But most importantly about Sandra Dee, she was more than the cute teeny-bopper that the studios cast her as. In an interview, she said that she figured out that the execs only considered her a piece of property, and early on she had developed anorexia nervosa. San Francisco's Castro Theater held a retrospective of her movies in the 1990s, and she attended as guest of honor; who else but the gay community was going to embrace her?
Overall I do recommend the movie. In addition to finding Sandra Dee hot in some of those gowns, I gotta praise John Saxon's performance. He shows the same flair that he did in "Enter the Dragon"* and "A Nightmare on Elm Street". As for Rex Harrison, he came across as a typical old-school actor, so he didn't really catch my attention. I also wonder what Kay Kendall would've done had she lived longer.
*It would've been neat if Sandra Dee had ever co-starred with Bruce Lee. Such a movie would've been the textbook definition of super-awesome.
The Way (2010)
the long and winding road
I recently saw Emilio Estevez's movie "The Public" (in which homeless people take refuge in a library one snowy night), so I decided to check out this movie that he directed some years ago. "The Way" casts his dad Martin Sheen as an ophthalmologist whose son (Estevez appearing a couple of scenes) dies while hiking the Camino de Santiago - hiked by pilgrims who want to see St. James's grave - so the dad decides to hike it in memory of his son. Our protagonist comes across a couple of people in the process, each with their own stories about how they came to walk the path, all the while set on his goal of honoring his son.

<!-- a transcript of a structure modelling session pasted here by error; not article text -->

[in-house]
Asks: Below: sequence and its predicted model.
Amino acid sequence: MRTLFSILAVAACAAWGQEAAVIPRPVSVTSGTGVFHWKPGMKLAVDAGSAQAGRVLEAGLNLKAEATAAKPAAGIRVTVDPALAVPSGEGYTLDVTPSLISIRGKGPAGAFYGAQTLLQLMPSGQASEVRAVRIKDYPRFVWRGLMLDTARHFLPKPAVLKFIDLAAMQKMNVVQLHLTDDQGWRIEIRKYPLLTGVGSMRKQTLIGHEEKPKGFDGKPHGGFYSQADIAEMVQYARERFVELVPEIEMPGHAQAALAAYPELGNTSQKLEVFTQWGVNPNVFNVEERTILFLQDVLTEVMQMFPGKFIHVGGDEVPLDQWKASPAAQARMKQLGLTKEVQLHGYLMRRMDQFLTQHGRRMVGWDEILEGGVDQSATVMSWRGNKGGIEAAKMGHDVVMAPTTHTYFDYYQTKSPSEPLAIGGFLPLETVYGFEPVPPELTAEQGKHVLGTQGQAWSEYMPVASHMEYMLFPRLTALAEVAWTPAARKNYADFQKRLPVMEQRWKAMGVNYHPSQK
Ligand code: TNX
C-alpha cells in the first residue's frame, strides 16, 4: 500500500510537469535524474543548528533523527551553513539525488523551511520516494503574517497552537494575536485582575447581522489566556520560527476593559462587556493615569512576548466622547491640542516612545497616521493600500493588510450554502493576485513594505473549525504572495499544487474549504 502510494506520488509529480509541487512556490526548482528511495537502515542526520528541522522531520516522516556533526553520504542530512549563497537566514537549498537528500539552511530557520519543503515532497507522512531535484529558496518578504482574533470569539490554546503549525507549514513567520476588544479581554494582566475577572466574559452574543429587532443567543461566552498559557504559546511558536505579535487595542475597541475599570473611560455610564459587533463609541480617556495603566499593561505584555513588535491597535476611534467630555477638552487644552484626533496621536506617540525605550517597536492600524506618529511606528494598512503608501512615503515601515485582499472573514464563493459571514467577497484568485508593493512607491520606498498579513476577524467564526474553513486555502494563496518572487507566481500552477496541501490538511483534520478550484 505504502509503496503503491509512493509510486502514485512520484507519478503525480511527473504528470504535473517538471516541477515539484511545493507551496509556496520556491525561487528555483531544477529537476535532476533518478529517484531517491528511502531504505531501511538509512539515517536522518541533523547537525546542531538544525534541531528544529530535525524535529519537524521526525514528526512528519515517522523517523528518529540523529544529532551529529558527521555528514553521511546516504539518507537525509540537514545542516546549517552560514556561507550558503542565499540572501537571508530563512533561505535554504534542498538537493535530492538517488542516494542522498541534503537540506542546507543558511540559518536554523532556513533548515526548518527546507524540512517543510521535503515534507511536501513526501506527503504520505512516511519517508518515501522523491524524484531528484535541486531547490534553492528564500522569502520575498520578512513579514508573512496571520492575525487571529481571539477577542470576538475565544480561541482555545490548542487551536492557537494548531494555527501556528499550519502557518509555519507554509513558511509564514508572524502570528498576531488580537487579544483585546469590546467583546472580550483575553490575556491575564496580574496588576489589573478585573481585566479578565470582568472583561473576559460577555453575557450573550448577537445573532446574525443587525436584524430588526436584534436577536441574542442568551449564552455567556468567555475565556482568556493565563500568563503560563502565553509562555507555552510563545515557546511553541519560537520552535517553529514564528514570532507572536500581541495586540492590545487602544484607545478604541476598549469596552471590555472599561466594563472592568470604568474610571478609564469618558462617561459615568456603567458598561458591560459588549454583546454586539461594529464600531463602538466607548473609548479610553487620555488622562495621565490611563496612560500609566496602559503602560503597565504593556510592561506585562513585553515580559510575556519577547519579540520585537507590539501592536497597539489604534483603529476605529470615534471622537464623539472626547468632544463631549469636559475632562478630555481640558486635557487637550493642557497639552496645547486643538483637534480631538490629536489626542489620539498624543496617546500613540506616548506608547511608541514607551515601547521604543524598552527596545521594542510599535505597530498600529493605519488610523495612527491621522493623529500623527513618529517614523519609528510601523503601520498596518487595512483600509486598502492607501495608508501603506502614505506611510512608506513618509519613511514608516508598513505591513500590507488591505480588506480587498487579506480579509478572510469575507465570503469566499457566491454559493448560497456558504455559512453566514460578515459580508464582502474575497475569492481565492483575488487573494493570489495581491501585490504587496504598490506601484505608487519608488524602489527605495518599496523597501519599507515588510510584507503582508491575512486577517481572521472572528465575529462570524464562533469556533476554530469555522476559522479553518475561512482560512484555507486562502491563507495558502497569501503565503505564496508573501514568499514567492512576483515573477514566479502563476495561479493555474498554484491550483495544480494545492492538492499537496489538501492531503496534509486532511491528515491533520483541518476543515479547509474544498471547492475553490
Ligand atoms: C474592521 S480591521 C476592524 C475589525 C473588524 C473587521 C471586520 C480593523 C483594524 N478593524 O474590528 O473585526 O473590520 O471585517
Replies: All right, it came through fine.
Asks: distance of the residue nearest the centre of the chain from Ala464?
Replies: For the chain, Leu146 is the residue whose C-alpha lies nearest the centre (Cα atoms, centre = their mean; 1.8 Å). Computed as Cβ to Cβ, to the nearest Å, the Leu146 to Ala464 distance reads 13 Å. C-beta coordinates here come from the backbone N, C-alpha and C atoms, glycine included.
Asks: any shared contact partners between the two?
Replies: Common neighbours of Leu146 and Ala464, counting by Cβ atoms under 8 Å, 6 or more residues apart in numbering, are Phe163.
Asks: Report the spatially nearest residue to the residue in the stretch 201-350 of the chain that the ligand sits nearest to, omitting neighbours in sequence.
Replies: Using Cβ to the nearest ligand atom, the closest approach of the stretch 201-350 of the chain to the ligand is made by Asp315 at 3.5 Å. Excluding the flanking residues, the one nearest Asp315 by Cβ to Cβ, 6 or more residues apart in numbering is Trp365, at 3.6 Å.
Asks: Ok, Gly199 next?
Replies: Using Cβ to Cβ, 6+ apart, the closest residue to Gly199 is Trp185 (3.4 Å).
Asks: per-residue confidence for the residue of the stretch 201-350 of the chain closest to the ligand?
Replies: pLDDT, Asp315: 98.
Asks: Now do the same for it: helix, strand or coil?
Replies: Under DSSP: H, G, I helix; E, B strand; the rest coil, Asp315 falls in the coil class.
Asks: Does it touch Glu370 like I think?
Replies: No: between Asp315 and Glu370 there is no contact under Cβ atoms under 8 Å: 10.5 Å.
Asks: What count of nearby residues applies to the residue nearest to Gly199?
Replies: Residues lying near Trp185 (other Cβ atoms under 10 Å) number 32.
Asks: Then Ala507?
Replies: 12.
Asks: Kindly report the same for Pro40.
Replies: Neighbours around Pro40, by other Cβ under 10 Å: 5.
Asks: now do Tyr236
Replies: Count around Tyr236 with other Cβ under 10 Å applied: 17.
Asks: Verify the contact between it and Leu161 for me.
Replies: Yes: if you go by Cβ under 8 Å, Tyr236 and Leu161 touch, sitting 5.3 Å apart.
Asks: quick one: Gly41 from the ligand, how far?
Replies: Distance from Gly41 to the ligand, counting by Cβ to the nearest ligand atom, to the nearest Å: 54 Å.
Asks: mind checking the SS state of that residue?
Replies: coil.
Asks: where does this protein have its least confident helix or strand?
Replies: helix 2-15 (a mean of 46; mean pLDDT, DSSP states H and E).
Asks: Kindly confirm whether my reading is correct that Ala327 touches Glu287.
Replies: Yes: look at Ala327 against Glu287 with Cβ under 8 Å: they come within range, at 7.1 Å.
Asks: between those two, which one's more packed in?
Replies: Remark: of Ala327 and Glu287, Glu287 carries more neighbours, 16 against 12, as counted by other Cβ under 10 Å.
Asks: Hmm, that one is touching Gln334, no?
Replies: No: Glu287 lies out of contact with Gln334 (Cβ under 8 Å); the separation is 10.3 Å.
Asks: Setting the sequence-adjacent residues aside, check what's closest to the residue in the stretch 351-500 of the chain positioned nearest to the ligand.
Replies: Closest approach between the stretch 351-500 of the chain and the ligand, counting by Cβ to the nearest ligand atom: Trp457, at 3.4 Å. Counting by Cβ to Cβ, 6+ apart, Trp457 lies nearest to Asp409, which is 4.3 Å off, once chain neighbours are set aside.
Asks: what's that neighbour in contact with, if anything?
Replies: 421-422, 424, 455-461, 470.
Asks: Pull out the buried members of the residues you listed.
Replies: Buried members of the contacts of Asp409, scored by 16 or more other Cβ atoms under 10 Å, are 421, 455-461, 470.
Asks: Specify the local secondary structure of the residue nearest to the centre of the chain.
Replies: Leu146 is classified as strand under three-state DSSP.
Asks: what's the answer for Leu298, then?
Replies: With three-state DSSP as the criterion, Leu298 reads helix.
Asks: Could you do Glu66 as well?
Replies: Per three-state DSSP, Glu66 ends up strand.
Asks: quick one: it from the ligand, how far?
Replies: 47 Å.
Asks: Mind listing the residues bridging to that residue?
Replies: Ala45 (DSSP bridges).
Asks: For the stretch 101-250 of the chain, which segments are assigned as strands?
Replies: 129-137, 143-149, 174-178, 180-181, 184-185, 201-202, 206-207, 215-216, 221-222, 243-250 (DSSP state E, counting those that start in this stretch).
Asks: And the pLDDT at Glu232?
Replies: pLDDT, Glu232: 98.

Martin Sheen is of half-Spanish descent, and remains a practicing Catholic, so this is the ideal movie for him. He puts his all into the role, as do the other cast members. This movie has interested me in hiking the trail if I ever go back to Spain (although I don't know if I'll ever have time to go there again).
Anyway, it's not a masterpiece, but I liked it. I recommend it.
I wonder why Spanish has three forms of James (Diego, Jaime and Santiago).
Decision Before Dawn (1951)
behind enemy lines
I had never heard of the instances when the US army hired German troops to collect intelligence during WWII, but Anatole Litvak's Academy Award-nominated "Decision Before Dawn" turns it into a compelling story. Oskar Werner turns in one of his best roles as an idealistic young soldier willing to contribute to the US effort to bring down the Nazis. I hope that in the coming years, this movie gains the recognition that it deserves, and that Anatole Litvak earns more recognition as a director.
Watch for a young Klaus Kinski (uncredited) as a volunteer early in the movie.
Moulin Rouge (1952)